Some modern Druids and Celtic polytheists celebrate Samhain on the day of the first frost. And so the first morning in autumn that I wake up to find the land crisp with crystallized mist clinging to each blade of grass, edging each fallen leaf... that is a sacred morning.
It's not the idealists that bother me. I like idealists. The world desperately needs idealists...
Hey look, someone on Twitter made a meme out of me! I feel honored! (Does this mean I get to start wearing a "Ask Me About My Meme" button on my lapel?) From my post, "Gods Like Mountains, Gods Like Mist."
It's been two weeks since my piece "Gods Like Mountains, Gods Like Mists" set off a fascinating and wide-ranging discussion about anthropocentrism in polytheist ritual and theology. In case you were wondering — yes, I've been busy reading, thinking, digesting and working on a follow-up post (or six!) of my own that I'll be sharing here soon. In the meantime, I wanted to point out some amazing writing elsewhere in the blogosphere. Featuring posts by Sara Amis, Joanna van der Hoeven, Heather Mingo and more!
Today I have a guest post up over on Nimue Brown's ever-inspiring blog, Druid Life — Steampunk Meditation for Self-Transformation, a blending of Victorian-era esoterica and glibly modern steampunkishness inspired in part by the ancient Three Cauldrons of Poesy. The meditation (and yes, it works) is my latest contribution to the anarchic, silly, and in no way secretive Secret Order of Steampunk Druids, which coalesced sometime back in 2012 between sips of tea and chap hop battles.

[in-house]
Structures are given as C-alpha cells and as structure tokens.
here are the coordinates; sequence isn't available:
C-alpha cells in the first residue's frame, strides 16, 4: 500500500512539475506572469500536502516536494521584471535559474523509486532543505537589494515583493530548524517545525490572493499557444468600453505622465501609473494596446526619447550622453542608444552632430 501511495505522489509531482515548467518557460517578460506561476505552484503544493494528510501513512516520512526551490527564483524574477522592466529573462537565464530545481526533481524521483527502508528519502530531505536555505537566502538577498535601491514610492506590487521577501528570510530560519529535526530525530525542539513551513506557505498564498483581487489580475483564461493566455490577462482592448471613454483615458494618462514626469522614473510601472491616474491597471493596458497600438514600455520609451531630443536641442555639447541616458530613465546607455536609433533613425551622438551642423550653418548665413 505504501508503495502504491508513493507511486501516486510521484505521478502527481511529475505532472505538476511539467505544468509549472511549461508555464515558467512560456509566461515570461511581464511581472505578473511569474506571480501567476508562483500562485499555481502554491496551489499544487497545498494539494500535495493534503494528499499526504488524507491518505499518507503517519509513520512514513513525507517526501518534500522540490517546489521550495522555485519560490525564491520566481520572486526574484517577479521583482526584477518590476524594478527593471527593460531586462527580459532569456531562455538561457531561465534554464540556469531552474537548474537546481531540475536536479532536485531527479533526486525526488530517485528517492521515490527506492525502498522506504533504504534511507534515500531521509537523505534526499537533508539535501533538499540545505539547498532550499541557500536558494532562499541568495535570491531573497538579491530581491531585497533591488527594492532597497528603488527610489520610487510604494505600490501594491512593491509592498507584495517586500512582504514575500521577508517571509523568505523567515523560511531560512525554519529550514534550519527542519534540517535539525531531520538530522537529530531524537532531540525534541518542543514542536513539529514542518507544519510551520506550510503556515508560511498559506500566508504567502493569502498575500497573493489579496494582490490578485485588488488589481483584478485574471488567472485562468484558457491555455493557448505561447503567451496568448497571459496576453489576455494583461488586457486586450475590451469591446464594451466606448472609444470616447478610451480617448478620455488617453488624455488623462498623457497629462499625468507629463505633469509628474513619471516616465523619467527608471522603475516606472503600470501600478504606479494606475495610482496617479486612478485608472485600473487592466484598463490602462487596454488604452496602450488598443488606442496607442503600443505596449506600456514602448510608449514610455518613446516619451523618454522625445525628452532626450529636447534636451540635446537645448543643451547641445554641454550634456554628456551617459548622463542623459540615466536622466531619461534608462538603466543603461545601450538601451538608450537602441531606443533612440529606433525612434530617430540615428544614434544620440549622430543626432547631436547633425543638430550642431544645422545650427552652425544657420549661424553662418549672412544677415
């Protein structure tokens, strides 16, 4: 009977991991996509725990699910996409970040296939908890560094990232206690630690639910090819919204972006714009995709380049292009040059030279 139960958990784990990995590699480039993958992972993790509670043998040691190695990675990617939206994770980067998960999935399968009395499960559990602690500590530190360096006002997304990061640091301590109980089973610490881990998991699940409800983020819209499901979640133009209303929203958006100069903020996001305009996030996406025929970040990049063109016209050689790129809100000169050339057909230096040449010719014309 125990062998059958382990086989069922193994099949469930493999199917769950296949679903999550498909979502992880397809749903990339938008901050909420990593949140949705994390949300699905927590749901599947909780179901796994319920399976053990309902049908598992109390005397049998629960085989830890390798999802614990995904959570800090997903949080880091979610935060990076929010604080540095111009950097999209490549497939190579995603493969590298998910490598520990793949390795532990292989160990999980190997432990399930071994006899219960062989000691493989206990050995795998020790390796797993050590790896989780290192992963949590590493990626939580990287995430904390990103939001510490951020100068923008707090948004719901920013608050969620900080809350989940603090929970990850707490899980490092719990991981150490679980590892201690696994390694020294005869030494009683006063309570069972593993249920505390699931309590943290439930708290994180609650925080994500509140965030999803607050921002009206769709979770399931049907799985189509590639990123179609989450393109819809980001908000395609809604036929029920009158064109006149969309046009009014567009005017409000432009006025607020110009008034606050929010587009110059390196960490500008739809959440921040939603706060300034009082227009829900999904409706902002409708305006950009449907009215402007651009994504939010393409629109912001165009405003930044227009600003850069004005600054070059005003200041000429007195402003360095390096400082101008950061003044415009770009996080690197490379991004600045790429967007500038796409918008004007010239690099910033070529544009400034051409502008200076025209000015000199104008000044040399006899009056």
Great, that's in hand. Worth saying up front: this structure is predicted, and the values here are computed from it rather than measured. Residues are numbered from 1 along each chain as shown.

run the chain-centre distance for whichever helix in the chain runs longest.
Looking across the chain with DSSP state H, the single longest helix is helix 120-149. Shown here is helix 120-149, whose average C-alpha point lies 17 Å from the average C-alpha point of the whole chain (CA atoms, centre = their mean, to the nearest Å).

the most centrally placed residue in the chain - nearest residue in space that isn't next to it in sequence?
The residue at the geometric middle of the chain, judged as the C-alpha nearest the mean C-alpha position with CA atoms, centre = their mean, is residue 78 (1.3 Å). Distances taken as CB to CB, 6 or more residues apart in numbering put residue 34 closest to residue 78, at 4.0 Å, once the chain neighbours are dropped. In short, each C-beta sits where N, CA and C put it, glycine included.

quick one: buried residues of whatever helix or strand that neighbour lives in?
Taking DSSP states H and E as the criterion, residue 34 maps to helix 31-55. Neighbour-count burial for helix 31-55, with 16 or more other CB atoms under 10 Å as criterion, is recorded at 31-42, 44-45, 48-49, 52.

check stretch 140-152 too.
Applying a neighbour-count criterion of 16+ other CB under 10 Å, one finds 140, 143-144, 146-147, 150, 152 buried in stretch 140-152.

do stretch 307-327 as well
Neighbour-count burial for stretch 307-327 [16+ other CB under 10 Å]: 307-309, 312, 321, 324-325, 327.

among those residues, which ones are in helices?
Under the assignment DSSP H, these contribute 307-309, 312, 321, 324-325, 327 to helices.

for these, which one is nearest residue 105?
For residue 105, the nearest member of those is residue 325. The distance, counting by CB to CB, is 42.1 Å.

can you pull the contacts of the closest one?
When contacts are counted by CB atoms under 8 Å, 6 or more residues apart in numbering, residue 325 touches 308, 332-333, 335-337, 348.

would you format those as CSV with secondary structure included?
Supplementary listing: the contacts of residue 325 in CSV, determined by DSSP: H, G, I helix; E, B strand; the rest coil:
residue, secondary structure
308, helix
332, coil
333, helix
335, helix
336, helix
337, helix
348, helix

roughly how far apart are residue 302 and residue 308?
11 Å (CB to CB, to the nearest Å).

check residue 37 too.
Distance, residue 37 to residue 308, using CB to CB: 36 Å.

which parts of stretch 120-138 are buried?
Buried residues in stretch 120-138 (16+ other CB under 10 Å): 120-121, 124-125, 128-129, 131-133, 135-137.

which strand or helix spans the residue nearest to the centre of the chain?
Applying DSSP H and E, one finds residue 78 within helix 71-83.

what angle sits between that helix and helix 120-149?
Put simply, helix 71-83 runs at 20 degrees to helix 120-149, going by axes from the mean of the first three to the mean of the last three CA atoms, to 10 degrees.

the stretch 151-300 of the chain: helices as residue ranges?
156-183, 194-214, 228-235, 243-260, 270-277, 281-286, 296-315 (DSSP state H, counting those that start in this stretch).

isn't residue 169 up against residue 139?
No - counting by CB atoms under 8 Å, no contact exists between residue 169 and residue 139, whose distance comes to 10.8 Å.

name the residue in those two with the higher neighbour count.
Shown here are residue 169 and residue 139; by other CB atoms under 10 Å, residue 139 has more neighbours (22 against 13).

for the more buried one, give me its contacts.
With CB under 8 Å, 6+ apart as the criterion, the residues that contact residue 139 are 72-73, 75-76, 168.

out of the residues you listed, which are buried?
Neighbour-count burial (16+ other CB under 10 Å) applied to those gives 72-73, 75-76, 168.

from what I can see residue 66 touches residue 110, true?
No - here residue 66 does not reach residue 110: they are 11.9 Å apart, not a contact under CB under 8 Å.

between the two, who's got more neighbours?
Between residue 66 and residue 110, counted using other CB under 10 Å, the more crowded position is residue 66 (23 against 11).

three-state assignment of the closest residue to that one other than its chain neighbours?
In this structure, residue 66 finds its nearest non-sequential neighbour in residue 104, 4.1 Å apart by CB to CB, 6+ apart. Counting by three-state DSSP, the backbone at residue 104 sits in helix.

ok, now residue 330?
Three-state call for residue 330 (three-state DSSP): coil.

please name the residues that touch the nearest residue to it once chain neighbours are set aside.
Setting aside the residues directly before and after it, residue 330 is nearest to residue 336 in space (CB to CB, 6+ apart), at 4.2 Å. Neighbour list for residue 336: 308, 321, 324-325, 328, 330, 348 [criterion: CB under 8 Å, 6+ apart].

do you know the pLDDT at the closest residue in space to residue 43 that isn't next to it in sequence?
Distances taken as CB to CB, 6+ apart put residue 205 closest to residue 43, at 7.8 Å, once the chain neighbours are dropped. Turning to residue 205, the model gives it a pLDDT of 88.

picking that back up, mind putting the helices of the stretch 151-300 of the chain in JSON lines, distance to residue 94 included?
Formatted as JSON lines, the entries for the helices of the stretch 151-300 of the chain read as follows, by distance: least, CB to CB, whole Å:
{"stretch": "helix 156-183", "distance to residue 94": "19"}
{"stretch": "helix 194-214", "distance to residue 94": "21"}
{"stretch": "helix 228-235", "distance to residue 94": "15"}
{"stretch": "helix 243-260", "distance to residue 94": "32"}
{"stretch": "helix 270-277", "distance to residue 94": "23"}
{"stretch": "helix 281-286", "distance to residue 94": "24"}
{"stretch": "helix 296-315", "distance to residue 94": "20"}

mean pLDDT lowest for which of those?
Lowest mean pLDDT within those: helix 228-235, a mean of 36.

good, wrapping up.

Sunny Solstice blessings to you all! Exactly ten years ago today, I celebrated my first Pagan ritual. The sun was high, the wind was lazy, the earth was warm beneath our feet, and the bugs were out in swarms after a wet spring! We shared bread, poured libations of water and made offerings of lavender and foxglove. This year, I gathered lavender and foxglove from the garden in front of my apartment building, on the other side of the continent from that first solstice celebration. Traditions continue, memory endures. I'm looking forward to the next ten years!
Just in time for the summer solstice, I've designed a new t-shirt for the Hipster Pagan store. (Wait — you didn't know there was a Hipster Pagan store? That's okay. It's pretty obscure. Nobody shops there anymore since it sold out and went mainstream. After all, hipster jokes are so over.) You can get the tee here. Or browse the store. I'll be uploading the Hipster Greenman design onto several other non-wearable items (including posters and, of course, coffee mugs — every Hipster Pagan needs their coffee mug when they're making their daily morning libations to the Goddess Caffeinia).
Spring has definitely sprung here in the rainy emerald city of Seattle: the salmonberry is blooming and, believe it or not, the sun is shining! (For now, anyway.) This past weekend, Jeff and I enjoyed a somewhat belated equinox celebration — we spent all afternoon hiking through the city's largest park (while I indulged in some wildflower photography and rather clumsy bird-watching), we observed Earth Hour Saturday evening, and we visited the Seattle Aquarium for the first time, where we made the acquaintance of some very adorable, very playful sea otters. And speaking of sea otters (which happen to be a keystone species out here in the Pacific Northwest), two new articles of mine were also published this weekend, both of them exploring the role of keystones as guides and companions in earth-centered spiritual practice.
However you celebrate the vernal equinox, may the many blessings of spring be with you today!
Sometimes I get sick of the flat, bright rectangles of computer screens and book pages. When that happens, I go on crafting binges. My latest was inspired by the steampunk aesthetic and my recent spiritual work with the local flora and fauna of the Pacific Northwest. This little guy was the result.